US large cap stocks will continue to be only somewhat resilient over the next few weeks. Stock prices will be choppy and may, as I mentioned in a prior comment, experience abrupt declines within a longer-term trend of higher resilience and likely higher prices. Longer-term investors may not be able to take advantage of any declines, while investors willing to trade frequently may be able to benefit from the short-term market moves.
The most interesting upcoming dynamic right now appears to be in the bond markets. I expect the resilience of the 30-year Treasury bond future (US1) to decline more dramatically in the next few weeks. With less resilience, prices are likely to move lower. The same is likely to be true for the 10-year Treasury bond future (TY1).
Trump Rally – Not Accurate
The recent stock market rally has been called a Trump Rally. However, based on the shifts in market resilience that I measure, this is not accurate. We are still experiencing trends in major markets established before the US presidential election. The Market Resilience Index (MRI) ratings are completely systematic and don’t assess political events directly. The MRI ratings anticipated a rally before the election, when many were expecting a Clinton victory.
For the most part, prices are moving in line with their levels of resilience. US large cap stocks are continuing a trend toward higher resilience that began in early 2016. The price movements since then have been consistent with a rhythmic shift of resilience on an upward trend. In addition, the market does not appear overly euphoric.
A shift in resilience that began in late September 2016 favoring inflation-linked bonds over nominal bonds (globally) is continuing. Price movements since then have been consistent with the rhythmic shifts expected of the higher relative resilience of inflation-linked bonds.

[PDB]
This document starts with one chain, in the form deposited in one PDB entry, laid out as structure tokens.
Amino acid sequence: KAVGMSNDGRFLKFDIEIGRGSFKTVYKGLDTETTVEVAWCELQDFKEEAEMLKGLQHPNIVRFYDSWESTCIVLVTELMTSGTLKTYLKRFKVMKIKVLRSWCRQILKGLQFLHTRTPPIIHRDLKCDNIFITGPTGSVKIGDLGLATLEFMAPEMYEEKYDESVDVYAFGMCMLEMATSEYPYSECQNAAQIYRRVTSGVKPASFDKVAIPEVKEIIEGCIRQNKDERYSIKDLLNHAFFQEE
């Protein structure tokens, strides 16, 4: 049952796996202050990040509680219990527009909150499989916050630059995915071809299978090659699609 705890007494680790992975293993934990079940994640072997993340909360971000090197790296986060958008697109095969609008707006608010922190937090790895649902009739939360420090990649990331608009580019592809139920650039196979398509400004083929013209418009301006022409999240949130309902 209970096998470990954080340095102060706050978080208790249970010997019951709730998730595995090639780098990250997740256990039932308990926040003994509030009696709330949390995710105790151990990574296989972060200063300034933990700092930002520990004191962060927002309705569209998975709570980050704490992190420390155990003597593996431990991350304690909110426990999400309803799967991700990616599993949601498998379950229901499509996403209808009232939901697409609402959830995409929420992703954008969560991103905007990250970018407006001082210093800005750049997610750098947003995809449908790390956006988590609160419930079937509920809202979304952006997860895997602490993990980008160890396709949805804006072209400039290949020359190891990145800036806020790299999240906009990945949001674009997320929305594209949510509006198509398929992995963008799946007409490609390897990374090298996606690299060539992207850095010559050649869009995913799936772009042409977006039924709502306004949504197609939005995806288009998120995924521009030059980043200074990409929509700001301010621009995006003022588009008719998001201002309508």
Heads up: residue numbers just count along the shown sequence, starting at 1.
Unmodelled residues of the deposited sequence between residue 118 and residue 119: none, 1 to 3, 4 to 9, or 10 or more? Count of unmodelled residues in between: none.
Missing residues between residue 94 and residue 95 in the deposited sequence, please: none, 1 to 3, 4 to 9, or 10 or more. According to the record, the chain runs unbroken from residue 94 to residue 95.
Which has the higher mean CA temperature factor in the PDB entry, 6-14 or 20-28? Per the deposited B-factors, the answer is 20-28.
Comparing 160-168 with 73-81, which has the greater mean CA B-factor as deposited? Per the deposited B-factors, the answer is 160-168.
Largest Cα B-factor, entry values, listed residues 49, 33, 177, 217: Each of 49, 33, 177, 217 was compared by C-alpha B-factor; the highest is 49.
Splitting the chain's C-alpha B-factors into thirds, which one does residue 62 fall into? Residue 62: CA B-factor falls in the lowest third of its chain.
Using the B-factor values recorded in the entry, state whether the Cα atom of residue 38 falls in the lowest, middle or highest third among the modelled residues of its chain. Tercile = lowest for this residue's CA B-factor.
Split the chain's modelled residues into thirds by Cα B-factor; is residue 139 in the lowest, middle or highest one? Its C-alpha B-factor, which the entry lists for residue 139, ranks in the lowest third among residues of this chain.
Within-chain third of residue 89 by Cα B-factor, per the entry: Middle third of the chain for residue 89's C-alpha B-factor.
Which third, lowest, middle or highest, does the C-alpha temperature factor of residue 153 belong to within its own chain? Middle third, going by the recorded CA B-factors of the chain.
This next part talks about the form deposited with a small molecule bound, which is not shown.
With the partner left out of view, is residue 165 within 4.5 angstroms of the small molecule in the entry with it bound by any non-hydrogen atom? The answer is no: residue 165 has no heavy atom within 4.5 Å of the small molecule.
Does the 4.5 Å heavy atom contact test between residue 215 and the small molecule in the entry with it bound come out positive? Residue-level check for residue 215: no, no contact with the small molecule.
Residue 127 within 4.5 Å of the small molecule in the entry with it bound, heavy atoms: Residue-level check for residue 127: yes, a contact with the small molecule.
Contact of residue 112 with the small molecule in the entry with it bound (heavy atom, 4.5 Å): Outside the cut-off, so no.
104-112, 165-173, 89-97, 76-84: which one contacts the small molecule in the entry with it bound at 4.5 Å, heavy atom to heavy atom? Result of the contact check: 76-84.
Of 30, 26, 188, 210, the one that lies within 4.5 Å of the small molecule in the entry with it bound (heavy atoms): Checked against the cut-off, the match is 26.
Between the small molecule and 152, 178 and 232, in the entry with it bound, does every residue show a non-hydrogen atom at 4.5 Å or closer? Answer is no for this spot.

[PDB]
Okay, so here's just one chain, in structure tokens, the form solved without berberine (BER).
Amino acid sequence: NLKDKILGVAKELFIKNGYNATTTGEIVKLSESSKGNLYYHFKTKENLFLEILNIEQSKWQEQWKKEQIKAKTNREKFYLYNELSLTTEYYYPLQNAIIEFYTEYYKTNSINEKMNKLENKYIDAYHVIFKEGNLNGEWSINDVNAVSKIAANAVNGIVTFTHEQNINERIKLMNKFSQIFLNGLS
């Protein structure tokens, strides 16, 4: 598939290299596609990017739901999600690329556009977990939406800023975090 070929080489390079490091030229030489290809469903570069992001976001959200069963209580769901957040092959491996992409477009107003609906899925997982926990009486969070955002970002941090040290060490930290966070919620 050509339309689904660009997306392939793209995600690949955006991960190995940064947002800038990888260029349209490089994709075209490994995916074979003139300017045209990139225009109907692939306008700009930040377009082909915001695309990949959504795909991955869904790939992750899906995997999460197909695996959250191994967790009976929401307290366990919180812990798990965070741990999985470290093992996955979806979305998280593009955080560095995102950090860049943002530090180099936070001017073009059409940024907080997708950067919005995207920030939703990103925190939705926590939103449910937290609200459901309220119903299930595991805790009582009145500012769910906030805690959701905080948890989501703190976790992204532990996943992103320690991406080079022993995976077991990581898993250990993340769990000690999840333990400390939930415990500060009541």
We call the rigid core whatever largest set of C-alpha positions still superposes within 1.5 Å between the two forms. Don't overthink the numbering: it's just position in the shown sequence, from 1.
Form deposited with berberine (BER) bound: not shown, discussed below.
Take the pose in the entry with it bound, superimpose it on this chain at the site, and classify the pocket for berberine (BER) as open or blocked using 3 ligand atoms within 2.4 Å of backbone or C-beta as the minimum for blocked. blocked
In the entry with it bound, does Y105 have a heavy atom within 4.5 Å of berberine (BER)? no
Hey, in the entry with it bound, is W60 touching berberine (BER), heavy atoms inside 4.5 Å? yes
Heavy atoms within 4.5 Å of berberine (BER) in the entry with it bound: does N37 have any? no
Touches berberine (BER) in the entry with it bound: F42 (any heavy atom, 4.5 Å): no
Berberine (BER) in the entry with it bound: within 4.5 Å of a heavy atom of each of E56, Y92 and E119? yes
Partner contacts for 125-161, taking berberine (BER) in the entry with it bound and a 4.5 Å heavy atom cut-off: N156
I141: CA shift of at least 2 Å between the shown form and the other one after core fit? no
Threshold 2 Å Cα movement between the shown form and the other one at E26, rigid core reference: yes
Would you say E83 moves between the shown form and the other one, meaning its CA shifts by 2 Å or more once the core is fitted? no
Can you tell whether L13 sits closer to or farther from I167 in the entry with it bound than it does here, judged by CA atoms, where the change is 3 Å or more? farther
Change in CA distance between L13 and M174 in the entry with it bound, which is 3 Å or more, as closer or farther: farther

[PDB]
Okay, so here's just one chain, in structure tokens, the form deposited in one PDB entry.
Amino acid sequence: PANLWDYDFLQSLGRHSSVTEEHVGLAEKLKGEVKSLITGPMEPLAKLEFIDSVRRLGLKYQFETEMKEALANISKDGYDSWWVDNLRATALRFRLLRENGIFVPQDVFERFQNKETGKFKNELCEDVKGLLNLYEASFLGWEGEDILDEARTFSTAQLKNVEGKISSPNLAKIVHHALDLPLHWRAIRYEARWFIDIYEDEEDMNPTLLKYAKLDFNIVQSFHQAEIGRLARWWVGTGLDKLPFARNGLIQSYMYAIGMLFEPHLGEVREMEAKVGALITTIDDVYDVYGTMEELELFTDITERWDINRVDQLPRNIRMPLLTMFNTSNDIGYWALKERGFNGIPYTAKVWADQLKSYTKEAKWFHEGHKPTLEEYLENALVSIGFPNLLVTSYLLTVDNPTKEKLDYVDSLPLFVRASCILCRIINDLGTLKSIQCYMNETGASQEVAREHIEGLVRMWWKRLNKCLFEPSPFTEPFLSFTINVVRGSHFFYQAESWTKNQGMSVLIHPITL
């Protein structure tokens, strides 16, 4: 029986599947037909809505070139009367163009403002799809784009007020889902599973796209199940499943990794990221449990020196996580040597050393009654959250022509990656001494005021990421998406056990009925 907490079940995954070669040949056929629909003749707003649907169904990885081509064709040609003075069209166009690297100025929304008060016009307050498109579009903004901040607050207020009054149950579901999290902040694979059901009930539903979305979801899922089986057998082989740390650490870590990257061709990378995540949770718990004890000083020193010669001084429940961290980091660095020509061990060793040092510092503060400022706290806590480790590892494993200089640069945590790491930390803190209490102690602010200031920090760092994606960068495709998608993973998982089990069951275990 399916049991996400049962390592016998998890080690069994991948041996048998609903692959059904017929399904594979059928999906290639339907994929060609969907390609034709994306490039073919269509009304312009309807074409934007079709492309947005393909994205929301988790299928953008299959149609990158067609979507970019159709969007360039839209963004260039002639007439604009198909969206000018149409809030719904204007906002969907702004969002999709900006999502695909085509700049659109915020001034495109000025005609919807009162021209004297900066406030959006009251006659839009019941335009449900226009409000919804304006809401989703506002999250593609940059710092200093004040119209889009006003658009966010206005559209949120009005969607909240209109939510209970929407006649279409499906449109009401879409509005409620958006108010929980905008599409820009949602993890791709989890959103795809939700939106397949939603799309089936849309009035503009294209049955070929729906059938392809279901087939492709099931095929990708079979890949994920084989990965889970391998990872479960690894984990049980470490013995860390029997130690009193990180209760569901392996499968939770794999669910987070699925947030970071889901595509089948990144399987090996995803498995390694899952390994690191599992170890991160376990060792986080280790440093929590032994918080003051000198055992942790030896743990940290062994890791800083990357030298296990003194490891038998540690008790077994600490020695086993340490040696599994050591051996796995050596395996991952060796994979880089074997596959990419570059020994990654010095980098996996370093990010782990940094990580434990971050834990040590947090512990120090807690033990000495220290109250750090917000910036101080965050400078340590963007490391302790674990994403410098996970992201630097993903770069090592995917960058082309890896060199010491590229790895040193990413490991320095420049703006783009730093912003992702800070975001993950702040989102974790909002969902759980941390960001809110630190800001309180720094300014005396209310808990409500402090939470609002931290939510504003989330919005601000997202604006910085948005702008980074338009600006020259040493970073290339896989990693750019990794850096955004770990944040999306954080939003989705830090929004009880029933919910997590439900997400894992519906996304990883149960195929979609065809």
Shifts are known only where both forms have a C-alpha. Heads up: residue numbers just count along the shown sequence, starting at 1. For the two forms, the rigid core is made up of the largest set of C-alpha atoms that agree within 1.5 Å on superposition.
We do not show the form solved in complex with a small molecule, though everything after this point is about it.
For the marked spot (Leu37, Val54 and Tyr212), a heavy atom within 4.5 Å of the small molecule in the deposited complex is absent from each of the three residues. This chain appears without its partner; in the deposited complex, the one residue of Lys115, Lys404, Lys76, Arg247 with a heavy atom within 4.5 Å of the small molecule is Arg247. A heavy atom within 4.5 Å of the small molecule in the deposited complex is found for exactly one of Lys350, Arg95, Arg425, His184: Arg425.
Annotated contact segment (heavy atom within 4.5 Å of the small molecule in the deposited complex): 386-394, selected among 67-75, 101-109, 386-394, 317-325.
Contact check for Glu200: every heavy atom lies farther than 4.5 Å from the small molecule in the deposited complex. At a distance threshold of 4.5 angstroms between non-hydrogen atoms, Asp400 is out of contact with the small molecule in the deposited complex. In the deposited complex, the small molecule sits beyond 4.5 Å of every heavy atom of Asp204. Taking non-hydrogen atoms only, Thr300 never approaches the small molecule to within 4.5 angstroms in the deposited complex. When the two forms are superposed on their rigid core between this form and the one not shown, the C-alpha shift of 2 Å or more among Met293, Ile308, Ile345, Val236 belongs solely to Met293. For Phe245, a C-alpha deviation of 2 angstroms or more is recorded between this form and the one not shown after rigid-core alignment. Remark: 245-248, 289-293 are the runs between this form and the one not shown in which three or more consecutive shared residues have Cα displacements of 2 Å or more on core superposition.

The 30y Treasury bond reached peak resilience in early July 2016. The 10y Treasury bond reached peak resilience in late August 2016. The price movements since those times have been consistent with the rhythmic decreasing levels of resilience for both markets.
It is not appropriate to link the rally directly to Trump, and it is not appropriate to link the current choppy stock market to him either. Had Clinton been elected, we would be experiencing a similar pattern. The magnitudes might have been different between the two, but the timing would have been similar.
Therefore… Not a Trump Dip
Based on market resilience, the stock market is more vulnerable now and will react more harshly to negative news than it would have 6 or 8 weeks ago. If the market drops over the next four to six weeks, and it appears to be correlated with something Trump does or says, be skeptical — it is not a Trump dip or a market verdict on the news of the day. When the market rebounds a few weeks later, be skeptical of pundits who say that some course has been corrected.
Of course, the market will sell off on calamitous events like earthquakes, some political events, surprise actions by the Fed, and other shocks. However, movement that is often attributed to news events is more a function of changing market resilience than the news itself.